People tend to disagree quite a lot. This is fundamental to the human condition: limited size of our own skull
, cultural background, no time to read enough, prejudices, idiosynchrazies,etc. We are all conditioned to act on limited knowledge and limited reasoning. Contrary to the initial belief, wikis are not going to change any of that and problems ensue. The history of WardsWiki
is witness to that (MissingWikiBeforeXp
are just a few wiki pages dealing with the issue, a lot more is in the memory of the participants and it's a history that might be worth written someday).
On the other hand most reasonable people have very little problem understanding there are dissenting opinions, point of views that are competing with their own. There are also not an insignificant number of people who think that their point of view should clearly be made to prevail (especially in a public space such as wiki), and there are also the cases where one point of view is inadvertently given an unfair advantage by lack of care or accident. And this is the essence of quasi totality of wiki conflicts. It happens not only on technical issues dynamic vs static, object versus relational databases, JavaVsSmalltalk
, it also happens on the meta level: ToSignOrNotToSign
In the same time it's worth keeping in mind that not all opinions are created equal, so this adds to the puzzle.
Give people confortable room for disagreement. One kind of such space are editorial branches in WikiChangeProposal
, but I think any innovative solutions will do.
As the history of conflicts shows, on the current wiki technology there's not enough space for people to be confortable in their disagreements. A PageName
is seen as prime real estate -- wouldn't it be nice if the opposing viewpoint is relegated to a more obscure PageName
, the first paragraph is important, the first part of the screen in a browser, the PatternForm
all these are fought over. In the same time NeutralPointOfView
is not quite the solution, as there will be a non-trivial negotiation to draw it more to the middle, to the left and to the right, while in the same time WikiReader
s may be rendered a disservice by having to read boring ThereForBut?
So just create the space for opposing viewpoints to coexist confortably. Empower WikiReader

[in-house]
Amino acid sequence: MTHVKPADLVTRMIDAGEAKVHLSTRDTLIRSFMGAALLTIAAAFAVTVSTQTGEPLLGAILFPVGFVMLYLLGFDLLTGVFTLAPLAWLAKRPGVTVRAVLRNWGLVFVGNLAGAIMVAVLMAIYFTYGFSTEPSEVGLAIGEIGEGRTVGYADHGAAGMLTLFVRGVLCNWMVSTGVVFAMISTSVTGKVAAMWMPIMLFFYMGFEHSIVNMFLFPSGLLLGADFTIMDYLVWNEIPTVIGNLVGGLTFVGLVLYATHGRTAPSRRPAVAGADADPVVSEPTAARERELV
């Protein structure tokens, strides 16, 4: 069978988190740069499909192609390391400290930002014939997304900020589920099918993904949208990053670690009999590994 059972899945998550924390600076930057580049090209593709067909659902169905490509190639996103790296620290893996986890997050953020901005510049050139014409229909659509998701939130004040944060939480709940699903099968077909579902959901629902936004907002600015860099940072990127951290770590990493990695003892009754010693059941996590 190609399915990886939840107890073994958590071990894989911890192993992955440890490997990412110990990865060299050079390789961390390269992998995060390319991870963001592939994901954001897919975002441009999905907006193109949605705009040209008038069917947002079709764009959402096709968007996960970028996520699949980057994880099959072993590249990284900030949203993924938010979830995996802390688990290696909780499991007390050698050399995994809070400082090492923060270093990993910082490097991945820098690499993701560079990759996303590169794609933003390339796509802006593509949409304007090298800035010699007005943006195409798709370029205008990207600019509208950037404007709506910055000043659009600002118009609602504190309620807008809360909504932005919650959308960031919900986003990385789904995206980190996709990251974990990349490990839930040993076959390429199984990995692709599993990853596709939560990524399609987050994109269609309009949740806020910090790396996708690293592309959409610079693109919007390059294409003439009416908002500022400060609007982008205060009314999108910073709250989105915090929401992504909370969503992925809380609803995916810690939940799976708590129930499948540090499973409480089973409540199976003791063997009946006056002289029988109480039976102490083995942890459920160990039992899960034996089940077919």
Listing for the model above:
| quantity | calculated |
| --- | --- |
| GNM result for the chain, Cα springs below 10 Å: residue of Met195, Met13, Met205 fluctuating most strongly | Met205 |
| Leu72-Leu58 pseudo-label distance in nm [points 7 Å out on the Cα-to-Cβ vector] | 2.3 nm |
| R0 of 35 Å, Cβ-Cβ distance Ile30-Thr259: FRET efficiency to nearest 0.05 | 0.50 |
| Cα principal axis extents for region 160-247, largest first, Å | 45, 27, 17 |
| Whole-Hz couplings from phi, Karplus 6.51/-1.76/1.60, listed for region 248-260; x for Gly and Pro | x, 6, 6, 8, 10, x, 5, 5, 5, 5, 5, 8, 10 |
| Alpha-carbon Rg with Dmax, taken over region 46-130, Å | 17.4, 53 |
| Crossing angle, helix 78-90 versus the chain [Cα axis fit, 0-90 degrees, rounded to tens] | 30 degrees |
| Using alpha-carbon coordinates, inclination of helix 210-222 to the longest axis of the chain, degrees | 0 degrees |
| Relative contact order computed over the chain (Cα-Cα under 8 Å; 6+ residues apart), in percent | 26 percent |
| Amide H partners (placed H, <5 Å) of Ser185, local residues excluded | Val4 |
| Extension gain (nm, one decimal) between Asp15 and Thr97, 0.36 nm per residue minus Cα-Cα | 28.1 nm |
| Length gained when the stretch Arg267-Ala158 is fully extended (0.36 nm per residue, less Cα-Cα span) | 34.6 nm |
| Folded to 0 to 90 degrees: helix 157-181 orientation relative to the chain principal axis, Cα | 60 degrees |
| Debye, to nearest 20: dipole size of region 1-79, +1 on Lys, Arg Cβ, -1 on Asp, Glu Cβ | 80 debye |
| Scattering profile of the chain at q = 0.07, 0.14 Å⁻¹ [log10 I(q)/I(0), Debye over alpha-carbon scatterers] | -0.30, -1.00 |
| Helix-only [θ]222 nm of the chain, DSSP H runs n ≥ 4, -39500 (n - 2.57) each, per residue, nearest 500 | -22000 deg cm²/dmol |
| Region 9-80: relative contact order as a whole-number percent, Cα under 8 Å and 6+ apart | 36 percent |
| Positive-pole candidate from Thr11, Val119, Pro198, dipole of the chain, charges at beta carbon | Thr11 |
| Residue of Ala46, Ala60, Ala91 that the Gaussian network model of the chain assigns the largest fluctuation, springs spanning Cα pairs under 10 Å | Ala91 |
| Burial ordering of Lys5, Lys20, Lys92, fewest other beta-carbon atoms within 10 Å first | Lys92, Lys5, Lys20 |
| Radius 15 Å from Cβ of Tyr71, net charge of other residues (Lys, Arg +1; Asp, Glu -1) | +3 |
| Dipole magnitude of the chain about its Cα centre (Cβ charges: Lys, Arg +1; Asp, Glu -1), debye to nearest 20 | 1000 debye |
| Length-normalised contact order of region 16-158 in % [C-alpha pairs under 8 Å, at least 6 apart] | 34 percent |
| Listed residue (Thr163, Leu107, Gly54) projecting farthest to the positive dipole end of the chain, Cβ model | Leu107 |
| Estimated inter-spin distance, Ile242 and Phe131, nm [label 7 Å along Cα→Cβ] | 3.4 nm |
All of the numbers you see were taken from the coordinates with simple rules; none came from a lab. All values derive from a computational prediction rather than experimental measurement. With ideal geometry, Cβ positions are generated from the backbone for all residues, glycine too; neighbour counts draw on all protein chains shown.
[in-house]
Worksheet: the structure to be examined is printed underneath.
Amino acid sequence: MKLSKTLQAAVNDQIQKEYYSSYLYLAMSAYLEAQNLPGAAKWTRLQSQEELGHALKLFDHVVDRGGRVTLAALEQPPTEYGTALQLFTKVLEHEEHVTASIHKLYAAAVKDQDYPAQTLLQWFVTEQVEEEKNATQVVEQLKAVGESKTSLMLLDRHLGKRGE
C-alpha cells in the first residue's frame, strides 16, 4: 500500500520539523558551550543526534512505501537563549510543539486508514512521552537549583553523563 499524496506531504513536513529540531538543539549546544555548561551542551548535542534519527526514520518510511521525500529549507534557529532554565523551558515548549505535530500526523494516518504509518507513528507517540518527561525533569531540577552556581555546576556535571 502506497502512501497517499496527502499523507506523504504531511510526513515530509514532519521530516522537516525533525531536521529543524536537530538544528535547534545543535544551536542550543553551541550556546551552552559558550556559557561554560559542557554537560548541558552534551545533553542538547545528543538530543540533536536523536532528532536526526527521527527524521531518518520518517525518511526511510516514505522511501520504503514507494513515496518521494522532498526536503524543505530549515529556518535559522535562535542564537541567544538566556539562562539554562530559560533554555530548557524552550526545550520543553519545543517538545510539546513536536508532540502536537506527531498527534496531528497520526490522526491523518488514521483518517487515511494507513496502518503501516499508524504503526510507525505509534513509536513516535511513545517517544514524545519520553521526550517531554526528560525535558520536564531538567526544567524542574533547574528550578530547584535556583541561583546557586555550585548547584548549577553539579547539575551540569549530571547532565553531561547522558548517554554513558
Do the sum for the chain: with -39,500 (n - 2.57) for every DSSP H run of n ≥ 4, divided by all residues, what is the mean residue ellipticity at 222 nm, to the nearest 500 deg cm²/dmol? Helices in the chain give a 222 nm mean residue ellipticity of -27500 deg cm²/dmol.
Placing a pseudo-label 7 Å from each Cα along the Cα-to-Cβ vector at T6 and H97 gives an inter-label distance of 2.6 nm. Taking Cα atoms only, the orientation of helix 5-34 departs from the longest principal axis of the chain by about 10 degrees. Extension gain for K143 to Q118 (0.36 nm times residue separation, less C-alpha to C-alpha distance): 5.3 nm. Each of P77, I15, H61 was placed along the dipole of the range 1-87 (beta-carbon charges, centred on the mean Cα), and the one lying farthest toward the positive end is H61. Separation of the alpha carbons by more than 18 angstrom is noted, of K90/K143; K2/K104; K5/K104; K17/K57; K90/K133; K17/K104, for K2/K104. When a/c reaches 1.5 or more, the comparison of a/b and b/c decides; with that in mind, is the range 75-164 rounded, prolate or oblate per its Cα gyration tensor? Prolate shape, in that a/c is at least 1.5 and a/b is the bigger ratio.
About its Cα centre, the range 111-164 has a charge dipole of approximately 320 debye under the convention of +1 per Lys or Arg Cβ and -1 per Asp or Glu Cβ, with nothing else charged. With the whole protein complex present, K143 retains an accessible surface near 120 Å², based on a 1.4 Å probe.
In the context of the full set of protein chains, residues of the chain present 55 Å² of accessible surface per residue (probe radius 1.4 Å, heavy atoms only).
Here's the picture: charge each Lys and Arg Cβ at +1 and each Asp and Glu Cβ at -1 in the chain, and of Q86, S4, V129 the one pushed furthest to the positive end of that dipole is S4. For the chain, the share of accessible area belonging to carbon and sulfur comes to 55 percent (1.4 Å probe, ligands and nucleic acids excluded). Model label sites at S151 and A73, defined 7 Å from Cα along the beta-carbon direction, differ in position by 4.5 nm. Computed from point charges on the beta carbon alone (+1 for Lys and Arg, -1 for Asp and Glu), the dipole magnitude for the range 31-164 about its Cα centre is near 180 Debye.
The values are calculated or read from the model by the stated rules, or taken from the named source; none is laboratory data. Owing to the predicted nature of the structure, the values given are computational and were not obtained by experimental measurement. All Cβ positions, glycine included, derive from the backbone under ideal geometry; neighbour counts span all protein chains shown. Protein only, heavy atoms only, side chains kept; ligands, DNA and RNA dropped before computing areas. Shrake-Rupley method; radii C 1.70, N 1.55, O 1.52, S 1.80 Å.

to decide which suits them best, and for sure the history itself will settle the argument, in 10 years, in 50 or in 100, but what you can be sure of is that it will be settled eventually
Disagreement leads to debate, which may lead to new ideas or understandings. The more comfortable we are in settling for disagreement, the less progress we will make. I think we need a means to have more civilized debates -- not a means to avoid debates. -- MichaelSparks
I think your concern is very valid. My point of view is that maybe a means to avoid debates is a possible way forward, towards more civilized debates. Including having debates at a comfortable distance, and acknowledging that some debates have to just take a break until new knowledge is available. It is true that in theory such debates can be had within current technology if all the participants are exceedingly disciplined. Practically I claim that the history of the online world (wikis, newsgroups ) has shown that this problem is roughly HC-complete (where HC stands for HerdingCats).
If online people get too comfortable for having reasonable debates, that might reflect in the quality of what they have to say, or it might not, in which case maybe debates were not the way to go forward. Let the market decide whatever that market is (WikiReaders , book sales or other kinds of formal or informal markets). --CostinCozianu
What is your opinion on political parties? I'm not much into politics, but from what I've seen, the majority of people are either "red" or "blue". They are like teams. If you're on the red team and you take a moment to listen to something the blue team has to say, you are looked at funny. If you believe in one of their ideas and try to spread it, you become an outcast traitor. It works both ways.
Now, what is more likely? That there is one right team and one wrong team? To me it seems clear that ideas should be considered independently of their source. I bet you could get almost everyone to agree with that in principle. But when it gets specific, and you start throwing around the name of the other team, egos get flaired up and nobody wants to listen to anybody anymore. They especially won't listen to any new teams that aren't already dominant.
Do you think WCP could turn into something similar? Is the alternative any better? People are a lot more complicated than programs, and we can't even accurately predict the behavior of programs. I suppose the easiest way to know if WCP works is to try it. -- MichaelSparks